Resident – a physician who has chosen to specialize in pediatrics. Residents spend time in a variety of specialty areas, such as cardiology, oncology, etc. in order to learn under the direction of the fellow or attending physician.
Cardiac Operating Room Nurses – nurses who have completed specialty training in pediatric cardiac surgery.
Charge Nurse – the nurse in charge of the nursing staff for that shift.
Clinical Nurse Specialist (CNS) – an advanced pediatric nurse who has a master’s degree in nursing and specializes in a particular field. A CNS has special expertise in patient care, family education and staff support.
Heart Transplant Coordinator – a nurse who has had advanced training in pediatric heart transplantation. You may meet a coordinator during the transplant evaluation process. The coordinator may be responsible for educating your family about transplantation and works closely with the surgeon and cardiologist in following your child’s progress.
Pediatric Nurse Practitioner (PNP) – an advanced practice nurse with special training and an advanced degree in nursing. PNP’s may perform examinations, order medications and diagnostic procedures and educate staff and families.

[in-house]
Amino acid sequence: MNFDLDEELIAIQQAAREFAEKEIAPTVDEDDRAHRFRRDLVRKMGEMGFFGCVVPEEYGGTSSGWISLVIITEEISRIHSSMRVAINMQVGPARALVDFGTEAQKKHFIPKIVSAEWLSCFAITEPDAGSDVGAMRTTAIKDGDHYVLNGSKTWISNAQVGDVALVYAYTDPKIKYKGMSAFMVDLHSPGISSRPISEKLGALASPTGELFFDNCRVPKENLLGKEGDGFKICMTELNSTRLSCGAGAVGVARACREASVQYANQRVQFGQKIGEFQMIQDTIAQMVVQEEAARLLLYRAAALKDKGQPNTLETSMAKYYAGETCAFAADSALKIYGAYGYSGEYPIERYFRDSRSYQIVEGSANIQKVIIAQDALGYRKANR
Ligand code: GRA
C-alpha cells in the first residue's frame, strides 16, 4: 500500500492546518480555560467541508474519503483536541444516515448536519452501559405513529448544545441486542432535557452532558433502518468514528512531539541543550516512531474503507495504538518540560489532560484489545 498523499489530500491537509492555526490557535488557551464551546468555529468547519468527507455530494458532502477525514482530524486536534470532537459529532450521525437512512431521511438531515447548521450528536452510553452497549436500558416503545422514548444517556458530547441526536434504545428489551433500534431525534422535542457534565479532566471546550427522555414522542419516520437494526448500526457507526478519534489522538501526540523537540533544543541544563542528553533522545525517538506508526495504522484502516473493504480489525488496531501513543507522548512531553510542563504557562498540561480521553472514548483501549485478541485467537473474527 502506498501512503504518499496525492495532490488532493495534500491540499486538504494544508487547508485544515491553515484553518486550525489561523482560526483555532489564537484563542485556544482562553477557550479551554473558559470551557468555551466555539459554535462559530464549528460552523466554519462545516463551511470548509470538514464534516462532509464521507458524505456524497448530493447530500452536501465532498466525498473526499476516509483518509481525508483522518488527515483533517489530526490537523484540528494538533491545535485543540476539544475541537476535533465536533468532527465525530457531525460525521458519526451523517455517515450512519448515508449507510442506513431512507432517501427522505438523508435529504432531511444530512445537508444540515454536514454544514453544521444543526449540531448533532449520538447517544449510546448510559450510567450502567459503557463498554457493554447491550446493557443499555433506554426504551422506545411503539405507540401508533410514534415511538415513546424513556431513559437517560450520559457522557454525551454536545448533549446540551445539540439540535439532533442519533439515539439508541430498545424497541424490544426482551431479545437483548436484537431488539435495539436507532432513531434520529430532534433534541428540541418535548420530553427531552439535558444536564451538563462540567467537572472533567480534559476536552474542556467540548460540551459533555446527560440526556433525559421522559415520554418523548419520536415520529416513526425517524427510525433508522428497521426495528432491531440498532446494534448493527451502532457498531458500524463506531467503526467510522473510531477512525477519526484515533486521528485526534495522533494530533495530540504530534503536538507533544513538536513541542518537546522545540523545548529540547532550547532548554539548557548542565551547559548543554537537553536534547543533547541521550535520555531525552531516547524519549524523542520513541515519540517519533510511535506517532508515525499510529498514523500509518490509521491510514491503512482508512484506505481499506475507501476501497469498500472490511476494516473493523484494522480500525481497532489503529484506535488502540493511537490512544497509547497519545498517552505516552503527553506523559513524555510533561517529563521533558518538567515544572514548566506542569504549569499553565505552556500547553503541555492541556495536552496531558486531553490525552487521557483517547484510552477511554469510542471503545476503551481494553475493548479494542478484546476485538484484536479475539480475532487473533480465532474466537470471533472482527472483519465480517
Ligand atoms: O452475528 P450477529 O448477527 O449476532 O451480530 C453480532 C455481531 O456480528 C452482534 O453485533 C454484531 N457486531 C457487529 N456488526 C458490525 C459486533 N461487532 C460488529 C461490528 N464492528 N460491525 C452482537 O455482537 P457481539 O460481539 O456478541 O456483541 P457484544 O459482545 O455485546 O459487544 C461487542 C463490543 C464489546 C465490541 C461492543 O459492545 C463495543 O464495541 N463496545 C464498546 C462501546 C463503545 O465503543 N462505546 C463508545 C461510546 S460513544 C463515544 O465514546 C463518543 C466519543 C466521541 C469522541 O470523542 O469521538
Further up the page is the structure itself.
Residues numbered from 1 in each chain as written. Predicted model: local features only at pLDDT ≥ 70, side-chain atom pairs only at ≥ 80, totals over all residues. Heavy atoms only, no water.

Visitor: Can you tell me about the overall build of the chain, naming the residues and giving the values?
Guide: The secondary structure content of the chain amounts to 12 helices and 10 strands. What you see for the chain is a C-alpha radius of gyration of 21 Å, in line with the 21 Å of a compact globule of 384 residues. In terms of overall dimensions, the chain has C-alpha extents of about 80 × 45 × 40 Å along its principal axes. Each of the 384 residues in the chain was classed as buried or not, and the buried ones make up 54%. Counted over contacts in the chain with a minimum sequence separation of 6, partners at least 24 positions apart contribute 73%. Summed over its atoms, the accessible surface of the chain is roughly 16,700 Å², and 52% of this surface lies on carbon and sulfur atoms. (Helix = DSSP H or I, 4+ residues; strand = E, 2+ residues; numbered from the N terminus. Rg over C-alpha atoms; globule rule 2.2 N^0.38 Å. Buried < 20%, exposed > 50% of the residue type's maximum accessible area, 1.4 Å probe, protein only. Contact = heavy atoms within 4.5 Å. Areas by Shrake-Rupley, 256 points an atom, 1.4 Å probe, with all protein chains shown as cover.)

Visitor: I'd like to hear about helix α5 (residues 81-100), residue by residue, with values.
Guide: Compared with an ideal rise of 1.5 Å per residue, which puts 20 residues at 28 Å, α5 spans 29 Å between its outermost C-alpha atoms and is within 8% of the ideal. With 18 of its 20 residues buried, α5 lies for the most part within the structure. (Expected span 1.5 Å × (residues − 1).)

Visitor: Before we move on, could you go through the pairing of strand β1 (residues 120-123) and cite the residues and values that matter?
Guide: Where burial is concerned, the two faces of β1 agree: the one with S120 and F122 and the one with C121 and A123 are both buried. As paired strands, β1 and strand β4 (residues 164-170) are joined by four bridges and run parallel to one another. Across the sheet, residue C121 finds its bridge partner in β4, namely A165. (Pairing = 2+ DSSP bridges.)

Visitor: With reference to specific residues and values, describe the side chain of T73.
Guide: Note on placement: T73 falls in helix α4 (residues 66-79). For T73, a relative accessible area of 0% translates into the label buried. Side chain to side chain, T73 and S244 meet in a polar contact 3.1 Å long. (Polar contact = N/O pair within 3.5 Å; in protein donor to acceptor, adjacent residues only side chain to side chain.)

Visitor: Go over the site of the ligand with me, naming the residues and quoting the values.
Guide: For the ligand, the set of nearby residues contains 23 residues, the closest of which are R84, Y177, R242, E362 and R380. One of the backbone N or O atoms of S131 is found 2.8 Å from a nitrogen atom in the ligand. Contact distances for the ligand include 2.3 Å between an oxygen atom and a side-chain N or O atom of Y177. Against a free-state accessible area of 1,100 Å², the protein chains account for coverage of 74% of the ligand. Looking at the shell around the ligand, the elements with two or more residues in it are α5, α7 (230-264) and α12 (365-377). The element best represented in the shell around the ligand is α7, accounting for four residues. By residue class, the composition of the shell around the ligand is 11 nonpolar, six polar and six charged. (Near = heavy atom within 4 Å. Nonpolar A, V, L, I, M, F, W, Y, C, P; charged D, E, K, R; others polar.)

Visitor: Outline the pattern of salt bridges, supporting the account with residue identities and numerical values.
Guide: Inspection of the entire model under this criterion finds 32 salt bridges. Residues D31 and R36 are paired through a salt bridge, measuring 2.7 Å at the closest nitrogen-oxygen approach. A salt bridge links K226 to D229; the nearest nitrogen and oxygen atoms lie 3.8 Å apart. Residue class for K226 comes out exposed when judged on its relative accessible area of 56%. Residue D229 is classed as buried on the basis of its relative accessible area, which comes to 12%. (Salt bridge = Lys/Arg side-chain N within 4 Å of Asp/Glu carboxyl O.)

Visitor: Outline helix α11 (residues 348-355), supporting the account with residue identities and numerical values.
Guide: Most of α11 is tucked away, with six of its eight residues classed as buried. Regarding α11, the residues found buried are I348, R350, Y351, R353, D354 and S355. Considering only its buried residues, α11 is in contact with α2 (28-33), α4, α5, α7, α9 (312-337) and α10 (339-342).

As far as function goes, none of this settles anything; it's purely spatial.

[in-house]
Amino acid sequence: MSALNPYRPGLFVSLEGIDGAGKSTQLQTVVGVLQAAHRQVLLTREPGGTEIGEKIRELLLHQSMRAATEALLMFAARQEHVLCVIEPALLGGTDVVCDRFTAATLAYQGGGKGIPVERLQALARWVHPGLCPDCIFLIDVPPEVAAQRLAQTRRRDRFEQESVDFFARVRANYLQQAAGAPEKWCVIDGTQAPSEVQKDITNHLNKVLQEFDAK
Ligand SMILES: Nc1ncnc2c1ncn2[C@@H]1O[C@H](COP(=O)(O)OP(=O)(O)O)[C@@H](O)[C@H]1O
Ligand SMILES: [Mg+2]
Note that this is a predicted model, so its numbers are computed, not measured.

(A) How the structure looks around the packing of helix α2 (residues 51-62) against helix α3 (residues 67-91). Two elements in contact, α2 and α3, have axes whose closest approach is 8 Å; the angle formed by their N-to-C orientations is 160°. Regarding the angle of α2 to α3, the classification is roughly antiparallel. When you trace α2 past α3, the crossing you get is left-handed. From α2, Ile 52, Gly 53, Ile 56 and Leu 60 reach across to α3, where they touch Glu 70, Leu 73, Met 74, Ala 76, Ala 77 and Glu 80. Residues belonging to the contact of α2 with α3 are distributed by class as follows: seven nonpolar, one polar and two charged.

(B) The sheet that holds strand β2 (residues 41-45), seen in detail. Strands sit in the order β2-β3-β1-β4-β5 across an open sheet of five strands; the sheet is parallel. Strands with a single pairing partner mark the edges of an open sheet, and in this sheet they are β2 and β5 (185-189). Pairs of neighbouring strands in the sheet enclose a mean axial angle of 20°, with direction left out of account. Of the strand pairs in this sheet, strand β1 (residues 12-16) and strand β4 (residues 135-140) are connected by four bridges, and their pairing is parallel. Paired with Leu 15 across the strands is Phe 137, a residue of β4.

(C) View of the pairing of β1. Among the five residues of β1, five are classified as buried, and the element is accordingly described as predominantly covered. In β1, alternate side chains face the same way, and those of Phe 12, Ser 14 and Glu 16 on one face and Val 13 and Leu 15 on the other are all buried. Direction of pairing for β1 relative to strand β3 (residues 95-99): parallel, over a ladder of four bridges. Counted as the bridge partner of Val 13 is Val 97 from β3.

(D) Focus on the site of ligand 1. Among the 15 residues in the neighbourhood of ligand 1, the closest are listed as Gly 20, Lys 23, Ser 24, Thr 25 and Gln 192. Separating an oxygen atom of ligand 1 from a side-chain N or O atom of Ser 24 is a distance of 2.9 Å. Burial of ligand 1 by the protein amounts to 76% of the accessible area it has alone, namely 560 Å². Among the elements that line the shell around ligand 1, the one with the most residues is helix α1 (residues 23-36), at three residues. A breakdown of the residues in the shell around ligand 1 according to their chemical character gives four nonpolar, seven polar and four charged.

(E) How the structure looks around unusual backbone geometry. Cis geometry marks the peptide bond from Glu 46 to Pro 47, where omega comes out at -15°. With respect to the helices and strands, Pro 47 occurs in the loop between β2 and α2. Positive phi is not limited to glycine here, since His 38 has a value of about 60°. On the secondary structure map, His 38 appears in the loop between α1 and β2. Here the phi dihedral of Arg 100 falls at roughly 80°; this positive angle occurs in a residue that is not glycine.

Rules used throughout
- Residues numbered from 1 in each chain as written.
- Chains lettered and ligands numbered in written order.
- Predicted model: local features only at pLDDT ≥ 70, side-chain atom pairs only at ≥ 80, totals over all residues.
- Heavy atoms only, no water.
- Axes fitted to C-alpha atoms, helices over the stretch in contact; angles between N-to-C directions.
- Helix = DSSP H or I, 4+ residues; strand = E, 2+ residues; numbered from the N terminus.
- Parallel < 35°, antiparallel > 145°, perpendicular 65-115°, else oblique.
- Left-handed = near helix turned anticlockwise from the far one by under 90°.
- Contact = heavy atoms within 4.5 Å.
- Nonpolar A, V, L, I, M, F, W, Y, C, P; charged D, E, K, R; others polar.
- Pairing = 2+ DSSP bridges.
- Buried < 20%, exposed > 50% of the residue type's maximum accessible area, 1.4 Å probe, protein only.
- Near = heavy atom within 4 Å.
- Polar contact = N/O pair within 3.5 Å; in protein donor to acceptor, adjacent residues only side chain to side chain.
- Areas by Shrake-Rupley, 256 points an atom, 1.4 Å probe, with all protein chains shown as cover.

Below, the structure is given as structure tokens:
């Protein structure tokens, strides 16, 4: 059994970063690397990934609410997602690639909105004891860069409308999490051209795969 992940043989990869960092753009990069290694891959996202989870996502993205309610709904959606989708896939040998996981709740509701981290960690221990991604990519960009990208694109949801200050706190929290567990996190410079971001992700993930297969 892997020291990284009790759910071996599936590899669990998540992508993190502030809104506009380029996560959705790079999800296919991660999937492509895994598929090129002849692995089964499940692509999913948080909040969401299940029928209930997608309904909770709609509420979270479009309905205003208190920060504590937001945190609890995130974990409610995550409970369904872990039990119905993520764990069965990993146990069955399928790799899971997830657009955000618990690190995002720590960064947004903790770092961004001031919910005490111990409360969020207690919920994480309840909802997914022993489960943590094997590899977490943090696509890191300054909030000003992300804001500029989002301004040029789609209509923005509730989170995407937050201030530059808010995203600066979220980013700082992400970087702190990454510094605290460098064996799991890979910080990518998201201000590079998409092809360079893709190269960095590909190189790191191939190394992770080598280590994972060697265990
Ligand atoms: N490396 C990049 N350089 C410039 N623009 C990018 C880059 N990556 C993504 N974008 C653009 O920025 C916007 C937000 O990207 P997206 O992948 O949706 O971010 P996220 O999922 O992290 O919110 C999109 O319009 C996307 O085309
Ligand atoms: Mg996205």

Pediatric Nursing Staff (NICU/PICU/CICU Nurses) – nurses who have specialty training in pediatrics and, in some cases, cardiology. The nurses will assess your child’s progress from hour to hour and will notify the multidisciplinary care team of any changes. After transplant or surgery, the staff nurses will also educate you on caring for your child’s incision, how to give medications, and other issues.
Pulmonary Hypertension Coordinator – an advanced practice nurse with training in the management of pulmonary arterial hypertension.
VAD Coordinator – a nurse with specialty training in the coordination of the children who need ventricular assist systems.
Other Staff Members
Clinical Social Worker – a social worker trained in helping families cope with the complexities surrounding cardiac surgery and heart transplant. The social worker will help guide you to available resources, including housing, meals and transportation assistance.
Echocardiogram Technicians (Echo Techs) – a technician trained in performing echocardiograms. Echos are usually done in the clinic but may be done bedside.
EKG Technician – a technician trained in administering EKG’s. This technician will usually perform your child’s EKG when he or she comes into the clinic.